// lines and colors
I haven't yet seen the new Luc Besson film, Valerian and the City of a Thousand Planets, but I have read a number of the French comics (bandes dessinées) on which the movie was based — Valérian and Laureline (alternately, Valerian: Spatio-Temporal Agent), created by writer Pierre Christin and artist Jean-Claude Mézières.
Mézières is an influential and highly respected French comics artist, though not well known here in the U.S. except among fans of Franco-Belgian comics.
He has worked on a number of comics and illustration projects over the course of his career, but is best known for his work on Valérian and Laureline, and as a concept designer for films like Luc Besson's The Fifth Element (including the designs that inspired the flying taxis).
Valérian and Laureline is a long running science fiction comics series that was originally serialized in the French comics magazine Pilote. It has been tremendously influential on both comics and film.
It's widely recognized to have been a distinct but uncredited influence on George Lucas in his designs and settings for the original Star Wars trilogy. There is an article on Core 77 that points out some of the parallels between scenes from the movies and prior comic panels from Valérian and Laureline. There is another article pointing out what Star Wars took from Valérian and Laureline on Popular Mechanics.
Mézières's style is more light and cartoony than the styles usually associated with American super-hero and adventure comics, but it gives the stories and the characters a jaunty, breezy character, and works well with Mézières's wildly imaginative settings.
The French Valérian and Laureline comics albums have been translated into English, and most recently are being collected into a series of volumes with three of the original French albums (what might be called "graphic novels" here) in each volume. There are three collected volumes available as of this writing.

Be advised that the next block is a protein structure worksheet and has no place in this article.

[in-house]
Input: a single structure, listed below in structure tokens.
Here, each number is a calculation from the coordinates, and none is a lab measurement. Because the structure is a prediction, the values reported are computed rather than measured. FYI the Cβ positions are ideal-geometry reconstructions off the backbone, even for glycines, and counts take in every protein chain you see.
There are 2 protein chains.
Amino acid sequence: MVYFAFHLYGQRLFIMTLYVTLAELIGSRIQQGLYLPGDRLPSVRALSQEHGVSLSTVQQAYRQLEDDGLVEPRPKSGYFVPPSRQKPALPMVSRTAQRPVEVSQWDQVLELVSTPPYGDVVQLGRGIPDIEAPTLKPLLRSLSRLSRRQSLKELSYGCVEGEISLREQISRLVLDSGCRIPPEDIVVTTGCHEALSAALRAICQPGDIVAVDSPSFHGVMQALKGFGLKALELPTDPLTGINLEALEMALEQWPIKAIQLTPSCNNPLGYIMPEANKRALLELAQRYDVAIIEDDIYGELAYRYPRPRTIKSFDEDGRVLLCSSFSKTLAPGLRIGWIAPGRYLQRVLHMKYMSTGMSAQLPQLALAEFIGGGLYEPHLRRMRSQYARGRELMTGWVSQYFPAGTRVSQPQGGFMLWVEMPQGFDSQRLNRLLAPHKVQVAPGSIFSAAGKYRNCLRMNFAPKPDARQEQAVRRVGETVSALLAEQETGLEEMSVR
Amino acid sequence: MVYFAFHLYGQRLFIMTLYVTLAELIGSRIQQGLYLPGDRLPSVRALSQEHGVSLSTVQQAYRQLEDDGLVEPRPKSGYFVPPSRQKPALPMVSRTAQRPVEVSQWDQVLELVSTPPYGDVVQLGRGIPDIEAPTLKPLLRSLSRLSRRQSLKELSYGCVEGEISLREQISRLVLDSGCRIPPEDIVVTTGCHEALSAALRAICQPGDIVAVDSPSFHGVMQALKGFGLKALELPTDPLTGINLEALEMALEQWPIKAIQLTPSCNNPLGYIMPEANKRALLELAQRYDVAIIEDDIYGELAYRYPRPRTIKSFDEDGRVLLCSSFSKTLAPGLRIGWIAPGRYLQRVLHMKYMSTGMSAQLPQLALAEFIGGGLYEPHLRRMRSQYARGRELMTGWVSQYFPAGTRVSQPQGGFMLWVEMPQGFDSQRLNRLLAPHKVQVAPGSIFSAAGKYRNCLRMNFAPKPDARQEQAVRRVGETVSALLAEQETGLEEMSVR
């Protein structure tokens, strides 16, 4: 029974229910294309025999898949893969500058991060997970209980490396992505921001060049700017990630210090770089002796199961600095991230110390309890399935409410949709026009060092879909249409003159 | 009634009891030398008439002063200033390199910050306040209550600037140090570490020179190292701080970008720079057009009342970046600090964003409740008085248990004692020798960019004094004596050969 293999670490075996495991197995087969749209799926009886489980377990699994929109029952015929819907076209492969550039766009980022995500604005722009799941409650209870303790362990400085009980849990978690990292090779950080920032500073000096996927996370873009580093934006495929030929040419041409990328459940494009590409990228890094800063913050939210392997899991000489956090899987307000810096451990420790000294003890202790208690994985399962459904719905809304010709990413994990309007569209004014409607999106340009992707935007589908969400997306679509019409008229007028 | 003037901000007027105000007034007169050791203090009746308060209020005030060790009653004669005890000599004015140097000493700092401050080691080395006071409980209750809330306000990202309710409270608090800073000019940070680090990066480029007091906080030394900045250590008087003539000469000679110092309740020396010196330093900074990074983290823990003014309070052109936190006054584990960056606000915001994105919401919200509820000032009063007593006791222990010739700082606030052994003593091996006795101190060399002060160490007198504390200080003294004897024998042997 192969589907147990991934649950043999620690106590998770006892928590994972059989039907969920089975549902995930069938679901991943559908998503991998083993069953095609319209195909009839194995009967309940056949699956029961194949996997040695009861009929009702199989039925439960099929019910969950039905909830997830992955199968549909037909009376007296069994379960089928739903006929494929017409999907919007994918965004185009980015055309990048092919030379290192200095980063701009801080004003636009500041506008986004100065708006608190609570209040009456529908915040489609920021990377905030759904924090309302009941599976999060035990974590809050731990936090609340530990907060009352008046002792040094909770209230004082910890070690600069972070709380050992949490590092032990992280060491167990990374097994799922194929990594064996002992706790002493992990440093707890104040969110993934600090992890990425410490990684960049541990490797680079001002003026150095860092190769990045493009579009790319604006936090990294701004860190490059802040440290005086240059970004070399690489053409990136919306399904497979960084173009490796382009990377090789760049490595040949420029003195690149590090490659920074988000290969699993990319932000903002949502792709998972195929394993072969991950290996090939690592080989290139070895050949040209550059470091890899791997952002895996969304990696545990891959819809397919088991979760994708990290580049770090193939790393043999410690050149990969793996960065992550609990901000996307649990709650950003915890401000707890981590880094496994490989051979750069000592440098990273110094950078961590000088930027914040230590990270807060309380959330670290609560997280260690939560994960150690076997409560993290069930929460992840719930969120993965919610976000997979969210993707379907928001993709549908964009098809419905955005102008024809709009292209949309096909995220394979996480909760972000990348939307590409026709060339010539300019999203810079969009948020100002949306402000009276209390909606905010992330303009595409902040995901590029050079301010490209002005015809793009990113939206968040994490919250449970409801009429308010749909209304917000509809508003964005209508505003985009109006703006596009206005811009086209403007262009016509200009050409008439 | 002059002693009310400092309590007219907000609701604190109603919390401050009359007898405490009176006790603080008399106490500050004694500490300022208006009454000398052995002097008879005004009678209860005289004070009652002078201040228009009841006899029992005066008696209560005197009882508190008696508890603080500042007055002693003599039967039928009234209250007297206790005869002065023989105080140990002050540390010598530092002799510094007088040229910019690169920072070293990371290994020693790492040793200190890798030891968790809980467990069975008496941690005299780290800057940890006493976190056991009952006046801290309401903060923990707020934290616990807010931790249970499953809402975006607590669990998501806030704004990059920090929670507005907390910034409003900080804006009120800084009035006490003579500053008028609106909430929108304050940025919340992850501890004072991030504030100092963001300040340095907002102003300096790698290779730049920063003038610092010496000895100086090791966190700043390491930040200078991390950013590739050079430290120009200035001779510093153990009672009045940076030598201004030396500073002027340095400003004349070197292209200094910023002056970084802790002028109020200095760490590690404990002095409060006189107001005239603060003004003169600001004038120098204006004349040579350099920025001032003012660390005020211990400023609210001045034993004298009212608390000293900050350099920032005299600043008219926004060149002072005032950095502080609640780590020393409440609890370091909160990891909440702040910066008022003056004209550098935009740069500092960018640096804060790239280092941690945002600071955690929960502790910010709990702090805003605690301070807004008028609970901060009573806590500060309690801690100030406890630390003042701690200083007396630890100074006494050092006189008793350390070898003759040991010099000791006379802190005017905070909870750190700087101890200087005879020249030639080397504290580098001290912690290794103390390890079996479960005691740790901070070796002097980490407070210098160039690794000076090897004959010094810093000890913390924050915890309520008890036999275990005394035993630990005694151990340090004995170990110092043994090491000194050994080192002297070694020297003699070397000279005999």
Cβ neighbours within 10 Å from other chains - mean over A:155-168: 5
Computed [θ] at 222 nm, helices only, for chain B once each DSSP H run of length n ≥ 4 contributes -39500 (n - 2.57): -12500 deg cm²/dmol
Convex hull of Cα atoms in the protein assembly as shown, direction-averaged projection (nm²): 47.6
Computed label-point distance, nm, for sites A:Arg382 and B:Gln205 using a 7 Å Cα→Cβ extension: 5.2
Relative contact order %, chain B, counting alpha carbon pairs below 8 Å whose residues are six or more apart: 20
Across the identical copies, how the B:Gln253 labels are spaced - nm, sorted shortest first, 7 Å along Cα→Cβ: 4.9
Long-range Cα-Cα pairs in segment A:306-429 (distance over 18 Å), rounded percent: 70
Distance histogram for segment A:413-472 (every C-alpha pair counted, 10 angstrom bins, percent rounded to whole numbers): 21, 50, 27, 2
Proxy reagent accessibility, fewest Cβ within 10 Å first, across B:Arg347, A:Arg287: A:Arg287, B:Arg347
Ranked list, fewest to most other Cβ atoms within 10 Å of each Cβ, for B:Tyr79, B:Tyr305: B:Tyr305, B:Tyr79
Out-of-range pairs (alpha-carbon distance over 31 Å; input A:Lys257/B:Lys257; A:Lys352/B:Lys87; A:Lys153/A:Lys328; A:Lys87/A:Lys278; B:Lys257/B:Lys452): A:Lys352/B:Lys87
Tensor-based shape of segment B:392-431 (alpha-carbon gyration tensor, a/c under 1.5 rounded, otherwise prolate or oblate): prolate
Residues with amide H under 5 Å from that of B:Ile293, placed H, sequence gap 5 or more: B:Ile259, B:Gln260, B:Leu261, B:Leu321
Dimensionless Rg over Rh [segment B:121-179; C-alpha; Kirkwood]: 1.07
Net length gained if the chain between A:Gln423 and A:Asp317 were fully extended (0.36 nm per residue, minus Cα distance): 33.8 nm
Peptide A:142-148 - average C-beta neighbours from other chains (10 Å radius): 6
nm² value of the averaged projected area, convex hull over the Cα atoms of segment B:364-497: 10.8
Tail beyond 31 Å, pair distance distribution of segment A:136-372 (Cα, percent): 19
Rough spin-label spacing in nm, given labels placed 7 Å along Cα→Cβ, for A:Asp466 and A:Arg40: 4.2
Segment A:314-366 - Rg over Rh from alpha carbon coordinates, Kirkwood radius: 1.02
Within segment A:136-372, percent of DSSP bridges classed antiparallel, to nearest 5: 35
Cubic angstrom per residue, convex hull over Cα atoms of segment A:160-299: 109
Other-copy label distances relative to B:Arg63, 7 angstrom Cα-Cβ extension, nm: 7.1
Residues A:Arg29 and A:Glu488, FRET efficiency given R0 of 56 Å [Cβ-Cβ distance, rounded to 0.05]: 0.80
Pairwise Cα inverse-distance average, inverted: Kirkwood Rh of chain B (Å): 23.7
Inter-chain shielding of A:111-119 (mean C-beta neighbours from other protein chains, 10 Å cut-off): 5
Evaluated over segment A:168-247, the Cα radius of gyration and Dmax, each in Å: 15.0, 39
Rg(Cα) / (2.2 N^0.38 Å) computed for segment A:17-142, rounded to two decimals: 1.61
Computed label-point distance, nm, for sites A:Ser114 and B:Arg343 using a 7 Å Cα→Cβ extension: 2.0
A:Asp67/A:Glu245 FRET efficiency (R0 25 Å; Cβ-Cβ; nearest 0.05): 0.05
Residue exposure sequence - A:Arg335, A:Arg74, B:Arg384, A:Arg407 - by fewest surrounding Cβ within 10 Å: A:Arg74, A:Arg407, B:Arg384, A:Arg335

You could start with Valerian: The Complete Collection, Volume 1 (Amazon link), and go from there to Valerian: The Complete Collection, Volume 2, or if you want to get right to the stories on which the film is most directly based (and that are the most overt space opera), start with Valerian: The Complete Collection), Volume 3. Beyond that, there are older printings of individual albums.
There is an official website for Jean-Claude Mézières, but it's in French and does not feature as many images as one might hope. It is useful, however, for it's listing of the Valerian albums (titled as Valerian, sptio-temporal agent).
The best resource I can find for Mézières' art is this article from 2015 on Dark Roasted Blend.
You can also find some originals on Comic Art Fans.
If you try a Google image search for "Valerian", it will mostly come up with promo pictures for the movie; try searching for "Valerian comics", "Valerian and Laureline", "Valerian et Laureline" or 'Jean-Claude Mézières".
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